Writing Good T-SQL in 2020 with Pam Lahoud and Pedro Lopes

About Show #673

It's 2020 - how are your T-SQL skills? Richard chats with Pam Lahoud and Pedro Lopes about the state of SQL Server today and how T-SQL continues to evolve. The conversation starts out talking about SQL Server 2019 and its shared query engine with SQL Azure - and how moving to the latest versions of SQL Server can provide benefits to your existing queries. Pedro and Pam have collaborated on a book on querying that focuses on the good patterns and anti-patterns of query writing - and how that affects your database over time!
 

Pam Lahoud is a Program Manager in the Database Systems Group, based in Redmond, WA, USA. She has been with Microsoft since 2006 and is currently responsible for Program Management of database engine features for in-market and vNext versions of SQL Server, with a special focus on the Storage Engine area. She is passionate about SQL Server performance and has focused on performance tuning and optimization, particularly from the developer perspective, throughout her career. She is a SQL 2008 MCM with over 20 years of experience working with SQL Server.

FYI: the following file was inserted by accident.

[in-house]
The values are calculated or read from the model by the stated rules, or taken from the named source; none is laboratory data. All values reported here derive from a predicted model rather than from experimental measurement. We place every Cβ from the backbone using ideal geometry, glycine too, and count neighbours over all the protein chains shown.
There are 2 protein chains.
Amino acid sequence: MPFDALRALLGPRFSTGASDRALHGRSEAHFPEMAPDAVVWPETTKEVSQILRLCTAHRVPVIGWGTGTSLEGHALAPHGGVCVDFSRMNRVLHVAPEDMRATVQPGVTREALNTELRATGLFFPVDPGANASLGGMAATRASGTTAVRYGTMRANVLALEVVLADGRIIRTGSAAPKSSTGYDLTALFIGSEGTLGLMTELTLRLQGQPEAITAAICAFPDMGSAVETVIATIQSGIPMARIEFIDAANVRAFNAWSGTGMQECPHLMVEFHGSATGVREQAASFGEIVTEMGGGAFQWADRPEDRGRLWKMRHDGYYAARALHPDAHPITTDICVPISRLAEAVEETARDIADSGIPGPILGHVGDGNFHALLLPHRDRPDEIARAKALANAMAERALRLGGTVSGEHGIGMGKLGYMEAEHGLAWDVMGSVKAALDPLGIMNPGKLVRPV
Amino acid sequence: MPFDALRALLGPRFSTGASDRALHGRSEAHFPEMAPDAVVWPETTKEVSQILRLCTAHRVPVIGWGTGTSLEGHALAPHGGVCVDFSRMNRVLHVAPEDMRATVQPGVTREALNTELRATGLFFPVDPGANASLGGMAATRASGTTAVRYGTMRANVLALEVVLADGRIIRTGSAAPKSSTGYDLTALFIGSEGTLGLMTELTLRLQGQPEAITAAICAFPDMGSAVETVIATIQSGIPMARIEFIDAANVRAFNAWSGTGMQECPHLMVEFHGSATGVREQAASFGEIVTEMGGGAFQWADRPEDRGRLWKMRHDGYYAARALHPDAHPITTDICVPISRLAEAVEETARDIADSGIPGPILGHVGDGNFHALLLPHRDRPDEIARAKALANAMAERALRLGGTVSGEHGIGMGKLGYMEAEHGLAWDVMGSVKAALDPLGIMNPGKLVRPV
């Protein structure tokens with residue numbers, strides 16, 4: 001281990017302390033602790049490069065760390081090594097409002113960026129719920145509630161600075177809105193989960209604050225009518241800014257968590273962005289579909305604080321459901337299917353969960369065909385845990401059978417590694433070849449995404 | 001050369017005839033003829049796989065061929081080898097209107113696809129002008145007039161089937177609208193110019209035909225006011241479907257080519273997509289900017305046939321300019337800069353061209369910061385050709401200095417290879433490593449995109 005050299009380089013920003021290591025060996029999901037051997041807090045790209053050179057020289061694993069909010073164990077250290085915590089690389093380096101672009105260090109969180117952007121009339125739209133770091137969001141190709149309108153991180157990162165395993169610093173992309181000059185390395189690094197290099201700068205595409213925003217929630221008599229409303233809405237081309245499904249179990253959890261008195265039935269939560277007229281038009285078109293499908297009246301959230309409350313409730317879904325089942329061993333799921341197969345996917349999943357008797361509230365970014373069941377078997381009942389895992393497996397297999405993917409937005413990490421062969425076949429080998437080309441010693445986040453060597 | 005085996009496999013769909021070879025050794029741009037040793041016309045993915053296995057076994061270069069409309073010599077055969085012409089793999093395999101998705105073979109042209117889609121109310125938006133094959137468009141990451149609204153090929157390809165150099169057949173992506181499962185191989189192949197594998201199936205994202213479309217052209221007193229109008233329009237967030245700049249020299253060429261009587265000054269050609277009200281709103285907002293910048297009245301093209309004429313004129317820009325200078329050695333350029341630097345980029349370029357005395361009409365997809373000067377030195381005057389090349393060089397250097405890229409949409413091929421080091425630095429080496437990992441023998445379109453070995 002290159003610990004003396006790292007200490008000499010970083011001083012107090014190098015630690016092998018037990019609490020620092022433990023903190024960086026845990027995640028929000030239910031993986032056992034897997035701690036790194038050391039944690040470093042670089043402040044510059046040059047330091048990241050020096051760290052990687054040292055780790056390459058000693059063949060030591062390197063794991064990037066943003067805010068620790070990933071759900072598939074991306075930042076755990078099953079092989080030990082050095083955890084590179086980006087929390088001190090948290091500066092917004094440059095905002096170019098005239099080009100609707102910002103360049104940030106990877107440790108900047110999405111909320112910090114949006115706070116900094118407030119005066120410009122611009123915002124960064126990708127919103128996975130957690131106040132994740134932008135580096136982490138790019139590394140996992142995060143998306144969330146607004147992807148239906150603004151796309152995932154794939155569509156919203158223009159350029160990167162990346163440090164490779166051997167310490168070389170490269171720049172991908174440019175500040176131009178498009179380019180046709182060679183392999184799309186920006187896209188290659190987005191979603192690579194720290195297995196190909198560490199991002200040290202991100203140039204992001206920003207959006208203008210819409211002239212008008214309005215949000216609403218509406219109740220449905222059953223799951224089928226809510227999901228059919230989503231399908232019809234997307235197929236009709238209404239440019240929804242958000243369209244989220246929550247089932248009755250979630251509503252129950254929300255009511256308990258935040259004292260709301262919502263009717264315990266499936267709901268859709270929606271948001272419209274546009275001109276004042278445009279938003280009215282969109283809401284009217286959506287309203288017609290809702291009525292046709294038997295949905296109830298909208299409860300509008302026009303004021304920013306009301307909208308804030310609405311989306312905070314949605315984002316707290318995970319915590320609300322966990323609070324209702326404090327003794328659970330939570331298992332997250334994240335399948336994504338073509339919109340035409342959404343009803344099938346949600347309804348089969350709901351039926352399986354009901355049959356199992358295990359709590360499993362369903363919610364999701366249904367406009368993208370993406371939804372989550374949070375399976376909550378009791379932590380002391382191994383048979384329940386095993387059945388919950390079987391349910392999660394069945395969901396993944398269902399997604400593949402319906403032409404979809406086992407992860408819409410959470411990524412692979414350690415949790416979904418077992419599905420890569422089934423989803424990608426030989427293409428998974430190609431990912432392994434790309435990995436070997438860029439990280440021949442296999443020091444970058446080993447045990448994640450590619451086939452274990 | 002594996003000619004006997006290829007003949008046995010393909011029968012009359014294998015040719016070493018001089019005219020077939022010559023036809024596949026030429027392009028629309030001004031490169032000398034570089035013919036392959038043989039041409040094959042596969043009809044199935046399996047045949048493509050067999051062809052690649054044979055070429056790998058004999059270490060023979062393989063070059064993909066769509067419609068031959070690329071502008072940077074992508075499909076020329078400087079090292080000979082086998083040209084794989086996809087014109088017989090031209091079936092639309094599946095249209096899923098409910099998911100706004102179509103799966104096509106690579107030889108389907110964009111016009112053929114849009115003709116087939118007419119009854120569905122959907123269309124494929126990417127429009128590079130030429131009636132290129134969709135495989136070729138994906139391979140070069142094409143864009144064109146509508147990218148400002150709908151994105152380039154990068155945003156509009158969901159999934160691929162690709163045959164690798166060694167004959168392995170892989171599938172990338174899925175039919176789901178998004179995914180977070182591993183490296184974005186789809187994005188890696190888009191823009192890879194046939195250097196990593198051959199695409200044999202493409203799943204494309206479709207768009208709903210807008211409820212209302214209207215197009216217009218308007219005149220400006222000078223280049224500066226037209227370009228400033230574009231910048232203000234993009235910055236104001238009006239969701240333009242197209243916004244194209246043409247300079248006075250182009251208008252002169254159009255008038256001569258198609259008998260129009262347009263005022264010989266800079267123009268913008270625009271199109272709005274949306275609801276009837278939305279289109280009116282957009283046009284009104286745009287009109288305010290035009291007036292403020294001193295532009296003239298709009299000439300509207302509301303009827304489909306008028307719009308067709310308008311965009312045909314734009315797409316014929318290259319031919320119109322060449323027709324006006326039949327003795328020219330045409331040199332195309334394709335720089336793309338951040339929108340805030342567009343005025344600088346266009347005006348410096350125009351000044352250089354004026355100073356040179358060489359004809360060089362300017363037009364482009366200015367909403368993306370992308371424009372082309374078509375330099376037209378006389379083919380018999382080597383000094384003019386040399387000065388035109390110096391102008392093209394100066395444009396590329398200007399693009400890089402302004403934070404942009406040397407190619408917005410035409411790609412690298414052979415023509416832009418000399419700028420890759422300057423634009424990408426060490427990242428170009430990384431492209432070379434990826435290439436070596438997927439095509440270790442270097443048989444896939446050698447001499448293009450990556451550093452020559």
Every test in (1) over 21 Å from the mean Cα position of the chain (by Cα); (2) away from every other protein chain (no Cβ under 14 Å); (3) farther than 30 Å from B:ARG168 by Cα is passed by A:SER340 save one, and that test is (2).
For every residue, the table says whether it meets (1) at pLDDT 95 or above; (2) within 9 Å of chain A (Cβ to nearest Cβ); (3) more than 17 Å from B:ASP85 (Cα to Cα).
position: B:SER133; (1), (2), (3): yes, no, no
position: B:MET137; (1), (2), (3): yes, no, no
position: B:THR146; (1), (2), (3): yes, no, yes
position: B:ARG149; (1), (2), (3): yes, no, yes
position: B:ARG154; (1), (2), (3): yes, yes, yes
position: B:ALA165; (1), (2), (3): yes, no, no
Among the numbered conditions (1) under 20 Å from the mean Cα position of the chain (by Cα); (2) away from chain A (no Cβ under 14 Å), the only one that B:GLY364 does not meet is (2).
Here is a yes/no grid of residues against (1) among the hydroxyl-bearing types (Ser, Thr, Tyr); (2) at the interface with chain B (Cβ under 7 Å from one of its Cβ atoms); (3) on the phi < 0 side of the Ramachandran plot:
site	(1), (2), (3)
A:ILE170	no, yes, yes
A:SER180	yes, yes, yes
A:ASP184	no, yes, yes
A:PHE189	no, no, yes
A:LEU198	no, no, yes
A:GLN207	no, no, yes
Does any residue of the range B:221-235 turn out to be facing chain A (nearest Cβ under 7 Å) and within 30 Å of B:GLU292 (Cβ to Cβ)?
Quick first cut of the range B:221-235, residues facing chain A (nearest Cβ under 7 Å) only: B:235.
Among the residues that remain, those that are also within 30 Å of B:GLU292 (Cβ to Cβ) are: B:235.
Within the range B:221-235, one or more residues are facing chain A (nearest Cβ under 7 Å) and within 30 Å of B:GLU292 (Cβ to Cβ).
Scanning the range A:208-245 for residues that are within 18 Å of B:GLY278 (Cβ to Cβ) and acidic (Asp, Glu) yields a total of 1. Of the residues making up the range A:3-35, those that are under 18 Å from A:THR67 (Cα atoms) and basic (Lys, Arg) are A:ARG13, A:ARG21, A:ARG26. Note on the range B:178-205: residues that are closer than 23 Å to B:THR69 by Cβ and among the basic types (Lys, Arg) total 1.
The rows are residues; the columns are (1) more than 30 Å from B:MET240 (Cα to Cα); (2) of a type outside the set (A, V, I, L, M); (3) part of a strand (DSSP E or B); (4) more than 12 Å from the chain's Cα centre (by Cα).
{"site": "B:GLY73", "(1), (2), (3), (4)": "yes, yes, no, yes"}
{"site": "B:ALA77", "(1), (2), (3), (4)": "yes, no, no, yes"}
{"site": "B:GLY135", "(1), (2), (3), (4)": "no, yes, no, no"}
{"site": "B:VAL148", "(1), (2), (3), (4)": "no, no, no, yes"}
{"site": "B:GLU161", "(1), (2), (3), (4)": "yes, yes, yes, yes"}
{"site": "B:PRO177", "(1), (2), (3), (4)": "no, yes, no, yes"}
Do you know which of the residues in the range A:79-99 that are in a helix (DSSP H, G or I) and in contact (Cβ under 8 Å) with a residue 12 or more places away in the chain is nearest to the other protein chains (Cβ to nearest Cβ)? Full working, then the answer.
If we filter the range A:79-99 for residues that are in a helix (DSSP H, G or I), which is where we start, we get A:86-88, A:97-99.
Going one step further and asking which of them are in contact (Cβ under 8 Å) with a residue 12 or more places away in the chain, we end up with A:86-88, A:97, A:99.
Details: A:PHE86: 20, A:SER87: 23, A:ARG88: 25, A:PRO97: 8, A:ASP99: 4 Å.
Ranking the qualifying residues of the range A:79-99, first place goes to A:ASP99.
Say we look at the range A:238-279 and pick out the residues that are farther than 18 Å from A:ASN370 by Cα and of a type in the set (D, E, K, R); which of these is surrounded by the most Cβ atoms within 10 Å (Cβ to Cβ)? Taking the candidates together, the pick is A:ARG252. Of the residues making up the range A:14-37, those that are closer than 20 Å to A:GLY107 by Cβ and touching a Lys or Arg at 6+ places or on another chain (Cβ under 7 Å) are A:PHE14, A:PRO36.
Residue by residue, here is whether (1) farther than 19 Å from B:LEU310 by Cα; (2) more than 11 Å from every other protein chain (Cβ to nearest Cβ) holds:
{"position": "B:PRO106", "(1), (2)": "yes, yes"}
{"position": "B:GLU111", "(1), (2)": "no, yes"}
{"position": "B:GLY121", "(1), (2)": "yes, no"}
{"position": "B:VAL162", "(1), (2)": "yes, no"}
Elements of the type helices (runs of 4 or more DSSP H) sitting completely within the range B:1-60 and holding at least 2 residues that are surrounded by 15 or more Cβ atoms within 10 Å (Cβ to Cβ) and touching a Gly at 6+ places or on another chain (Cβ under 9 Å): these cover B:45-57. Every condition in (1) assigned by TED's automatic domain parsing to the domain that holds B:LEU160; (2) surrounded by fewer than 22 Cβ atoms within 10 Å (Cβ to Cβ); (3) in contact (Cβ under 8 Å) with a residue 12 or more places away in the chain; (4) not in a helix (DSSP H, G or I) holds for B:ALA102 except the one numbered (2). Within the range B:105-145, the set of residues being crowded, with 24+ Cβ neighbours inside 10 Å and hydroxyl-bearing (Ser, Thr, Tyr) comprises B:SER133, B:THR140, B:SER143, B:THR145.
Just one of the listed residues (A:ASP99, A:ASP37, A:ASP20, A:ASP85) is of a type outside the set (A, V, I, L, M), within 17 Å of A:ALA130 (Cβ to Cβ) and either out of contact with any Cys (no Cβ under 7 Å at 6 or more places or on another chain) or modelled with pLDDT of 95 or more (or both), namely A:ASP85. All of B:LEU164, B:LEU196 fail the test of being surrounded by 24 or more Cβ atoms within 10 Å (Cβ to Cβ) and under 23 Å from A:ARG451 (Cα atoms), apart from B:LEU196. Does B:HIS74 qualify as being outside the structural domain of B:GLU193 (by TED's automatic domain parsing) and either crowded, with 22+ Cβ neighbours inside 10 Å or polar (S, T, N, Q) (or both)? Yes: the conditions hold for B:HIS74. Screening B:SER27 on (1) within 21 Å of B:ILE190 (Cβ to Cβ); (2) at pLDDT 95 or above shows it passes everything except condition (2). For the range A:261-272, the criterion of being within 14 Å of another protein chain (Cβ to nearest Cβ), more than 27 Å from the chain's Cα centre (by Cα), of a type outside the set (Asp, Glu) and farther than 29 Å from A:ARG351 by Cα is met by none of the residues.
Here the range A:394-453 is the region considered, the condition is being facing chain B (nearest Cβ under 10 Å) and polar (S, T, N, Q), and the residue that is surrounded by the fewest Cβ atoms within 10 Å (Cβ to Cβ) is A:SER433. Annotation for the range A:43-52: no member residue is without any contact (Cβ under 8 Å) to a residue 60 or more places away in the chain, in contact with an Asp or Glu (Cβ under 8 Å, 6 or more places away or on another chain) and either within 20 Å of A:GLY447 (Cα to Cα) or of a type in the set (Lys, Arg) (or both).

Pedro Lopes is a Program Manager in the Microsoft Azure SQL Server team, based in Redmond, WA, USA. He over 19 years of industry experience and has been with Microsoft since 2009, where he is currently responsible for Program Management of database engine features for SQL Server and Azure SQL, with special focus on the Relational Engine (Query Processor, Programmability, Performance). He is a regular speaker at conferences and user groups events (such as TechReady, Ignite, Build, PASS Summit, SQLIntersection, SQLBits, 24H of PASS), blogs about all things SQL at http://aka.ms/sqlserverteam, authored the book “Learn T-SQL Querying” (https://aka.ms/LearnTSQLQuerying), and several tools in the TigerToolbox on GitHub: AdaptiveIndexDefrag (http://aka.ms/AID), the BPCheck script for SQL Best Practices and Performance checks (http://aka.ms/BPCheck), or usp_WhatsUp to get an instant view of performance affecting issues in your workload (https://aka.ms/uspwhatsup).
 
 

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